Strong customer authentication is an additional form of verification used to complete a payment, such as a four-digit PIN texted to a cardholder. At the beginning of 2017, the European Banking Authority, under direction from the European Commission, produced draft standards for how and in what circumstances SCA must be applied to remote electronic payments. The travel and payment industries argued SCA is incompatible with instruments like lodge cards that have no one-to-one relationship with an individual person. Card companies also contended that fraud rates are much lower for corporate payments, making additional authentication unnecessary.
The European Commission responded in May by drafting Article 17, an exemption for "dedicated corporate payment processes," but the EBA fought hard to scrap it, arguing not all corporate transactions are low risk and that it's hard to define a "corporate" payment in legal terms.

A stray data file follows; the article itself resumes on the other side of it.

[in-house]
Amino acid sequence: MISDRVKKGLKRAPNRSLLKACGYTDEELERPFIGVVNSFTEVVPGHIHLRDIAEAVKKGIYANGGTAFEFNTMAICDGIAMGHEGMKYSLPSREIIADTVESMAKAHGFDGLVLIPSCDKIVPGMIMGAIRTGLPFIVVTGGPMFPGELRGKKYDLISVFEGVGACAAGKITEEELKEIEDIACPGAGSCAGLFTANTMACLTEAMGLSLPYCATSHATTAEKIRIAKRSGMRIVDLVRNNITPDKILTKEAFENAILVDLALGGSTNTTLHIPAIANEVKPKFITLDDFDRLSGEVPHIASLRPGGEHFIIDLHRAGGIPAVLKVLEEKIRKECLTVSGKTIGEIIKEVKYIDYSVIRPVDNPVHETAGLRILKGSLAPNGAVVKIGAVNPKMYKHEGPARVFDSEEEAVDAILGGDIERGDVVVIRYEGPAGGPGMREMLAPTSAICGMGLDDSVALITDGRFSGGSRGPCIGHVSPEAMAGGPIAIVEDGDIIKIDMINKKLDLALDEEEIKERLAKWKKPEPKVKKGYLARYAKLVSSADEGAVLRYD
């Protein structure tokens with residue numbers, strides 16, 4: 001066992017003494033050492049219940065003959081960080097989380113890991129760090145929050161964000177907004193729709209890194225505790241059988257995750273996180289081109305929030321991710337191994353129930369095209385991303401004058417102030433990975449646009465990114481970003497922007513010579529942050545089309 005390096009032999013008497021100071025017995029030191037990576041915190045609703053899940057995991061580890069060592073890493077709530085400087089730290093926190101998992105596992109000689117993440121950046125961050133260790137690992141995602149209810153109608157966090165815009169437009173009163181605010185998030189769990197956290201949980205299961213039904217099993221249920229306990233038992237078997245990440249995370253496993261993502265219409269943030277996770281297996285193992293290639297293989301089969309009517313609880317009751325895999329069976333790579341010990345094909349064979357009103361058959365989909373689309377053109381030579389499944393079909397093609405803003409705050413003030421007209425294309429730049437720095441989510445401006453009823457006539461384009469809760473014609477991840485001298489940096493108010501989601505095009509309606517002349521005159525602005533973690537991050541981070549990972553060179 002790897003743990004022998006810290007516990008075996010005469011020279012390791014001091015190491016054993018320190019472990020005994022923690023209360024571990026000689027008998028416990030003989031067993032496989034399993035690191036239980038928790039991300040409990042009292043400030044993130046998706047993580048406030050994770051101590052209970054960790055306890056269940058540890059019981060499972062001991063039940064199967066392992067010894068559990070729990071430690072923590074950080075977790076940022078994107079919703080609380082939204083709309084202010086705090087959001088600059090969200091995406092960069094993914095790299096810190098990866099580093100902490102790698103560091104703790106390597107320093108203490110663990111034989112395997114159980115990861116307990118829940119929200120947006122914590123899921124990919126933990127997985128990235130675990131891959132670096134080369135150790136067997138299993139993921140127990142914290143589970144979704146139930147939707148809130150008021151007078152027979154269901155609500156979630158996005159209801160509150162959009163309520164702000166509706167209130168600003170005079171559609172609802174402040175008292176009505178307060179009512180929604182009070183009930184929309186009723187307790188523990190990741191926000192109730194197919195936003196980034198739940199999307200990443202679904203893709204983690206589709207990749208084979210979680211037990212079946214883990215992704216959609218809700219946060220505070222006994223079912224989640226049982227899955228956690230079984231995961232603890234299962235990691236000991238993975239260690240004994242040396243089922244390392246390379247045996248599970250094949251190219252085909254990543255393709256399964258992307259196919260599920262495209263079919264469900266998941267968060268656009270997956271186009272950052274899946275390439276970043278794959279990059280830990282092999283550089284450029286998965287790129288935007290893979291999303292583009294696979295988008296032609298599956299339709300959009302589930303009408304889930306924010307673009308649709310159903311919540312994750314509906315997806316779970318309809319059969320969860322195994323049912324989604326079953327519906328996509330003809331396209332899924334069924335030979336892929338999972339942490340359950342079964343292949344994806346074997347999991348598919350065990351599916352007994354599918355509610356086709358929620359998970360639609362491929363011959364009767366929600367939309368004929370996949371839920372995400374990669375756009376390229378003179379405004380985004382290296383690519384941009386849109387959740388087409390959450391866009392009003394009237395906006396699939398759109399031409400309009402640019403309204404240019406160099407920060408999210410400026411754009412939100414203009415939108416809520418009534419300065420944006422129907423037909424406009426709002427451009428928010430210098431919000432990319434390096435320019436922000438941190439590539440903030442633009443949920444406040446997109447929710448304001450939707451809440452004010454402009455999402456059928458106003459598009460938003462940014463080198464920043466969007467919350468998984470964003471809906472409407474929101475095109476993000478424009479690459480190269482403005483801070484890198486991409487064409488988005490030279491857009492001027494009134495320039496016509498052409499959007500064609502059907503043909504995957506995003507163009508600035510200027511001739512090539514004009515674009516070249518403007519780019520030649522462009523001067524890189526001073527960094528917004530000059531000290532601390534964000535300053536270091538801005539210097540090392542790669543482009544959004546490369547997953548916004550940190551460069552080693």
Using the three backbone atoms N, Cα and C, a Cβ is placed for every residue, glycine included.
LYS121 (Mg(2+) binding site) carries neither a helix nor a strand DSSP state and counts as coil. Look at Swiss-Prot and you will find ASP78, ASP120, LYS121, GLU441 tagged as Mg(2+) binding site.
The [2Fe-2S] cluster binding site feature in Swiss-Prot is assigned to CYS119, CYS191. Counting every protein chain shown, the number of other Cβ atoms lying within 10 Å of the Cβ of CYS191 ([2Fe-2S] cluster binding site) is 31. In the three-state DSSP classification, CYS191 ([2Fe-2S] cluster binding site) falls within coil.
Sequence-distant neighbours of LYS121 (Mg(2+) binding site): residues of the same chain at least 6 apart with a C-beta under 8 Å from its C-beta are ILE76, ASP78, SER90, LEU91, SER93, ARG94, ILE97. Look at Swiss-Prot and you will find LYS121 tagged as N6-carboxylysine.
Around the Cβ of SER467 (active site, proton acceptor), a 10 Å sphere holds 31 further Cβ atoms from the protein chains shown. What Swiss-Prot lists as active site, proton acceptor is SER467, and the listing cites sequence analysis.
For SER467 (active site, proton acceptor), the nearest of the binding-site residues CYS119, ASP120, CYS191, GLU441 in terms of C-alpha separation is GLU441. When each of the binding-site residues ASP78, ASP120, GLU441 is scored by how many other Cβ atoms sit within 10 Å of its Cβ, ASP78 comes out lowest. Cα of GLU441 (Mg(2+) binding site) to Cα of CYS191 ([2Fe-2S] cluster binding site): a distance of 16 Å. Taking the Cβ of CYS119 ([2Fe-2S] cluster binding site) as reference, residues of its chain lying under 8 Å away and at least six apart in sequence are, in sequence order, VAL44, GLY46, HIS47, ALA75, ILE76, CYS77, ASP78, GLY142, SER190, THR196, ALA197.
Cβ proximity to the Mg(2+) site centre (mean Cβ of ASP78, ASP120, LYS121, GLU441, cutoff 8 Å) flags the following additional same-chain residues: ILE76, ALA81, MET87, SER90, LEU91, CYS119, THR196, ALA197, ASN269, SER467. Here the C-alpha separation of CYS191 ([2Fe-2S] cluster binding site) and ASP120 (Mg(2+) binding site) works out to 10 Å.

In the final text published last week, the commission opted to retain Article 17 but change the wording. The article now begins, "Payment service providers shall be allowed not to apply strong customer authentication, in respect of legal persons initiating electronic payment services through the use of dedicated payment processes or protocols that are only made available to payers who are not consumers." It adds that payment providers must satisfy relevant authorities "that those processes or protocols guarantee at least equivalent levels of security" as defined in PSD2
Business Travel News 12/5/2017